Study Shows That Young ‘Nones’ Are Not Just Spiritual Seekers

According to a new report by researchers Barry A. Kosmin & Ariela Keysar, nearly 30% of college students are “Secular” (as opposed to “Religious” or “Spiritual”).

The report is part of the American Religious Identification Survey (ARIS) series from Trinity College and was produced in conjunction with the Center for Inquiry.

So what did we learn?

The biggest finding may be that, among the students who identified as “Secular,” more than 80% didn’t identify with any religion. Neither did more than 40% of the “Spiritual” crowd.

We know that “Nones” are on the rise but the common wisdom has been that a lot of those young people aren’t really atheists. They’re more like “spiritual-but-not-religious.” Not so, says this study:

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The Kansas Board of Education (Seriously) Just Got Sued for Promoting the Teaching of Evolution in Science Classes

Somehow, the Kansas State Board of Education is being sued for — I can’t believe this — promoting atheism by way of evolution. You can’t even say “Kansas” and “Science” in the same sentence without including a chuckle, but this is really happening.

The group Citizens for Objective Public Education, Inc. (COPE) has filed the lawsuit because they believe the new science standards adopted by the Board of Education, which include the teaching of evolution, are endorsing an atheistic worldview:

The Complaint alleges that the Kansas Board’s adoption on June 11, 2013, of A Framework for K-12 Science Education and the Next Generation Science Standards (the F&S) “will have the effect of causing Kansas public schools to establish and endorse a non-theistic religious worldview” in violation of the First and Fourteenth Amendments to the U.S. Constitution.

Riiiiight. Because if you’re not teaching Creationism or Intelligent Design, you must be pushing anti-Christian ideas… To be fair, the truth of evolution only allows for God’s fingerprints if you twist your theology, but the state standards are by no means pushing atheism. If you come to that conclusion because of what you learn in science class, you did it on your own.

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Atheists Could Learn a Lesson from These Christians

The video below, part of The Atheist Voice series, discusses how atheists could (seriously) learn a lesson from a group of forgiving conservative Christians:

We’d love to hear your thoughts on the project — more videos will be posted soon — and we’d also appreciate your suggestions as to which questions we ought to tackle next! [Read more...]

Pastor-Turned-Atheist Teresa MacBain Caught in Resume Fabrication

Last Friday, the New York TimesSamuel Freedman reported on Teresa MacBain‘s new job. In the span of about 18 months, Teresa went from being a Methodist pastor who secretly didn’t believe in God… to the newly-hired director of the Humanist Community Project at Harvard, where she would help form Humanist communities nationwide. Along the way, she worked for the Humanists of Florida Association and American Atheists.

Freedman’s article included a section that I basically ignored when I first read it because it was just biographical information:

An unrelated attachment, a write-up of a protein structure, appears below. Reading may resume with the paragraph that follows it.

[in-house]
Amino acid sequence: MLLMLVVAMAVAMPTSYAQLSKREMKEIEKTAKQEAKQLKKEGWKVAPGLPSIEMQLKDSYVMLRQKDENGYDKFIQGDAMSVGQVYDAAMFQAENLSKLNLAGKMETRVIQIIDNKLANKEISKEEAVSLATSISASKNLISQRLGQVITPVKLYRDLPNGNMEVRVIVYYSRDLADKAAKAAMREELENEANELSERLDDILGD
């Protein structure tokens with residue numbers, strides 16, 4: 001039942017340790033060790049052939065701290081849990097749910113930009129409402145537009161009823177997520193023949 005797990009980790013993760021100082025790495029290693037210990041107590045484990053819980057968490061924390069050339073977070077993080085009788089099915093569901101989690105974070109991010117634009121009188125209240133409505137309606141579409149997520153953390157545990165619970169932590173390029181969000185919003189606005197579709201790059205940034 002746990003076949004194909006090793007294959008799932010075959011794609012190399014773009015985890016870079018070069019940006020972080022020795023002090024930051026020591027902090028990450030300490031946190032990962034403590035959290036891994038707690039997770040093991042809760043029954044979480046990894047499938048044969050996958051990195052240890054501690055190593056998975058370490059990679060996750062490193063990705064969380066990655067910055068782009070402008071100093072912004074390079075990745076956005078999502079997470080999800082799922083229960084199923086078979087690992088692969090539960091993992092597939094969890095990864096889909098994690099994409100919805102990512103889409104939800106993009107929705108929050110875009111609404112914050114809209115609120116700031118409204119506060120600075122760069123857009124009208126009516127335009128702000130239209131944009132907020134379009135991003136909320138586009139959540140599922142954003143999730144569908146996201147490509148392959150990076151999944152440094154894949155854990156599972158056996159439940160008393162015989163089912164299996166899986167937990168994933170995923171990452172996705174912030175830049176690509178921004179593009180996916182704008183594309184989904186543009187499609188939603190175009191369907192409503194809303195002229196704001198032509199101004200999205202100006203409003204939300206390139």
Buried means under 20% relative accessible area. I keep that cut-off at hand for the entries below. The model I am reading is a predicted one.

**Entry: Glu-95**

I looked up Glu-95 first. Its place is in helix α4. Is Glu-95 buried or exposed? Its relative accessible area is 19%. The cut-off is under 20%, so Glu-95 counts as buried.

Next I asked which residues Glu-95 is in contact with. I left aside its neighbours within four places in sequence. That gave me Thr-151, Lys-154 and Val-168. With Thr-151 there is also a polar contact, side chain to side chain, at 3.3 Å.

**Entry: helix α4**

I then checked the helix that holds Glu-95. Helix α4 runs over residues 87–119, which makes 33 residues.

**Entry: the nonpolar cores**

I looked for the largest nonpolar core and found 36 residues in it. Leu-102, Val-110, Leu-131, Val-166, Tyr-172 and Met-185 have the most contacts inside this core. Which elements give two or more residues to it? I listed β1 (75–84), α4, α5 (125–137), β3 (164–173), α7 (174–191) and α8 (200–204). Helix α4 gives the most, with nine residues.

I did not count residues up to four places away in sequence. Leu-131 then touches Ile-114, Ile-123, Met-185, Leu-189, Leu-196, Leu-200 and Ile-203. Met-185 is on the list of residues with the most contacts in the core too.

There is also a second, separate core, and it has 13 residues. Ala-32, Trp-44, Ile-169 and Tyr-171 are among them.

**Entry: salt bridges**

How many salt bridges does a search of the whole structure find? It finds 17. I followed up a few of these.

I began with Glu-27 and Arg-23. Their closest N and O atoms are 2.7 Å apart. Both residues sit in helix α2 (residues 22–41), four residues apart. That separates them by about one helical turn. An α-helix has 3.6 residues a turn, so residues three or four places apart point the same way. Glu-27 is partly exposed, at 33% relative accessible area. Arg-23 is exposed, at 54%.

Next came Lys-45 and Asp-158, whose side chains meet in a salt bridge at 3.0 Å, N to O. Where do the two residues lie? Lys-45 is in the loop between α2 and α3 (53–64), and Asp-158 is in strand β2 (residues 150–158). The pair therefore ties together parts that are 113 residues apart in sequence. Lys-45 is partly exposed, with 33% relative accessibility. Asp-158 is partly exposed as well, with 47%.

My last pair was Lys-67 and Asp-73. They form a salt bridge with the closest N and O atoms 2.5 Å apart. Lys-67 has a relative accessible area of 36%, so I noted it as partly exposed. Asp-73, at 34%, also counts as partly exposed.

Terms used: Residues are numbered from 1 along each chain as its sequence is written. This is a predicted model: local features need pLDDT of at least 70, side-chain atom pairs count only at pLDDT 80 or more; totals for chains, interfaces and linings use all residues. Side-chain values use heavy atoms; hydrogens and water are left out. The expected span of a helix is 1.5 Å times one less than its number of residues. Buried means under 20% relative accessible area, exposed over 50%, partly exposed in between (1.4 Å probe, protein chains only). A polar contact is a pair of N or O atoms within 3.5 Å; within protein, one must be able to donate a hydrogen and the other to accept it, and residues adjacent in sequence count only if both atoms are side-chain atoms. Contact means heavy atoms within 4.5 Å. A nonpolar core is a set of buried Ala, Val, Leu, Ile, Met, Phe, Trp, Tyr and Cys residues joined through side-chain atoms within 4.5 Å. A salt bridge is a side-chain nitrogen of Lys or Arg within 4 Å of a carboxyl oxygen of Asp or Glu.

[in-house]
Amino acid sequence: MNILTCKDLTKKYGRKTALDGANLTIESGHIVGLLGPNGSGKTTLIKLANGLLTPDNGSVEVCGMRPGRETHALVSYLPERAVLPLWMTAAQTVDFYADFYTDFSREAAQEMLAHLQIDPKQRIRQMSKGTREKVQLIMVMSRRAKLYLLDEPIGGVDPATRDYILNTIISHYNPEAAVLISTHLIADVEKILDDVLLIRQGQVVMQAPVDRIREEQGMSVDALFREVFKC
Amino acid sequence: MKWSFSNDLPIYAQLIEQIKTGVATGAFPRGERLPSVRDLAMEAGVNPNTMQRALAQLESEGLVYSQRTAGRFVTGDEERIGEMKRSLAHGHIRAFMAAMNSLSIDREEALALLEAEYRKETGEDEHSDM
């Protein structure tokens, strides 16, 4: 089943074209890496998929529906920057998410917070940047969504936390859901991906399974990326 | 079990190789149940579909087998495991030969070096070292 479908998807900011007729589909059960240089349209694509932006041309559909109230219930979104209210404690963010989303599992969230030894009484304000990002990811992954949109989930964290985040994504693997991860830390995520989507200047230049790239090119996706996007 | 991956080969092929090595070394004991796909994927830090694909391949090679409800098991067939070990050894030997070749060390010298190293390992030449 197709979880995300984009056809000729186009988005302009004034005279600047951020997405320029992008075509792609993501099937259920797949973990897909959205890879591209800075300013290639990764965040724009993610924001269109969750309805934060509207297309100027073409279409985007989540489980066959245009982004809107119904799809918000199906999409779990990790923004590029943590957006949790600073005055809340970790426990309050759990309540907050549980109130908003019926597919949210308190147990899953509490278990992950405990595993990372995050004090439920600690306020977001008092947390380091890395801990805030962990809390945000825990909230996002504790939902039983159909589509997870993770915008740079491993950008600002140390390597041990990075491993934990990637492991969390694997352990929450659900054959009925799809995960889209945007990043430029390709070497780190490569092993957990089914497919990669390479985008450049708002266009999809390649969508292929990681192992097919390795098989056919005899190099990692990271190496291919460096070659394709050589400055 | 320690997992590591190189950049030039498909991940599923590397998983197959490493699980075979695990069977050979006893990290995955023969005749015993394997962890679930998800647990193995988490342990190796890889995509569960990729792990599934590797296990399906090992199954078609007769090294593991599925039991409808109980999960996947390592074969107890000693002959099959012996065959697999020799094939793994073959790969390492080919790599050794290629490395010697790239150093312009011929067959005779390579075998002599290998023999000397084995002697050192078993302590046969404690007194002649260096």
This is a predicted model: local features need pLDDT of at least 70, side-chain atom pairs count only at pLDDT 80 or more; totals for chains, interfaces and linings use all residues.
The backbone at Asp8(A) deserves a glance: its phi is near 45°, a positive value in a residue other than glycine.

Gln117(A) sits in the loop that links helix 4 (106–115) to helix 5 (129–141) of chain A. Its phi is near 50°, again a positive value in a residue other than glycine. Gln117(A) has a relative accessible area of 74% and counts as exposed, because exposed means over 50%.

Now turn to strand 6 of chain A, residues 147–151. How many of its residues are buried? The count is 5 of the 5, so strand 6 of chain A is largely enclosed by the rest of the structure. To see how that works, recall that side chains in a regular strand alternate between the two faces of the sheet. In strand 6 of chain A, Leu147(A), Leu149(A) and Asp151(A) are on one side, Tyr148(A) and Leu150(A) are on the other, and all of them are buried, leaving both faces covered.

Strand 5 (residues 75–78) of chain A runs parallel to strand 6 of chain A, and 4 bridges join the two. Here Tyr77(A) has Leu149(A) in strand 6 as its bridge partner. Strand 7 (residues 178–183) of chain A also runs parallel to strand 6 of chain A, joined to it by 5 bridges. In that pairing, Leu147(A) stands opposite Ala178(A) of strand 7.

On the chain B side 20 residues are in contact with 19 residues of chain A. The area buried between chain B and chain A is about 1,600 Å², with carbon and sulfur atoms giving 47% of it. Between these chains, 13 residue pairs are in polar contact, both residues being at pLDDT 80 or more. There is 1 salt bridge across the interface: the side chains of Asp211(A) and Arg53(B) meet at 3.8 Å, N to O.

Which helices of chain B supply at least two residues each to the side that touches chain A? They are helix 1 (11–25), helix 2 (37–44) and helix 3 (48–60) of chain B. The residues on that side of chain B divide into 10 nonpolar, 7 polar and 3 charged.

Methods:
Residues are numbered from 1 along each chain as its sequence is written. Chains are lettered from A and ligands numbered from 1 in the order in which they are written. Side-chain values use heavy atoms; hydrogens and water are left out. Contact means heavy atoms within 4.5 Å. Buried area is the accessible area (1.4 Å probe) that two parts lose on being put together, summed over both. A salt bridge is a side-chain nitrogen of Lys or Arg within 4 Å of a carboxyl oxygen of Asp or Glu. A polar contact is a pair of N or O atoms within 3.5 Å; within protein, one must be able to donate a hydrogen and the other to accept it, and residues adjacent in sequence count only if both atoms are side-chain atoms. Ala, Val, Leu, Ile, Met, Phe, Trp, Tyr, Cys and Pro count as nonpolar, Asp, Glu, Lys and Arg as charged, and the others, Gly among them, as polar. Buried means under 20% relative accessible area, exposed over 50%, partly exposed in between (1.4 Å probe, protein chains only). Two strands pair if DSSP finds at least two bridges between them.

Finally, [before Easter in 2012] she realized her faith crisis was over. She no longer believed in God. The daughter of a minister, the product of a divinity school, the enthusiastic evangelist doing the Lord’s will, she told her followers that she was resigning her pulpit.

At the Clergy Project, where MacBain was the first Executive Director, the speakers list (still) reiterates that information about her educational background:

Teresa MacBain became a non-believer after more than twenty years of ministry. She started her career in ministry serving along side her father, a Baptist minister. She taught in Christian Schools, served as a worship pastor, associate pastor and senior pastor. Teresa received her bachelor’s degree from Samford University in Christian Education followed by her Masters in Divinity from Duke Divinity School.

After the NYT article was published last week, though, a Duke official contacted Freedman:

After Saturday’s article appeared, the executive director of communications for Duke Divinity School, Audrey P. Ward, contacted The Times to state that the school had no record of Ms. MacBain’s having taken graduate school classes or earning a master’s degree.

Ms. Ward wrote in a subsequent e-mail that divinity school records showed that Ms. MacBain attended a Summer Course of Study School in 2010. She took the first-year course of a five-year program for licensed pastors under appointment and working ministers that does not lead to a Duke degree.

In short, MacBain took a class in 2010 that wouldn’t have earned her a degree even if she took the remaining four classes in the program… but said on her resume that she had graduated with a Master of Divinity degree from Duke in 2005. Considering the program takes three years of full-time work to complete and MacBain’s resume says she was working somewhere else in the years prior to 2005, I’m surprised no one picked up on it sooner.

Two days ago, Freedman called MacBain to confirm what the Duke official had told him, and she confessed that she never really earned the M.Div. degree.

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So This Is How You Make a Creationist Documentary…

Tyler Francke found Ray Comfort‘s notes:

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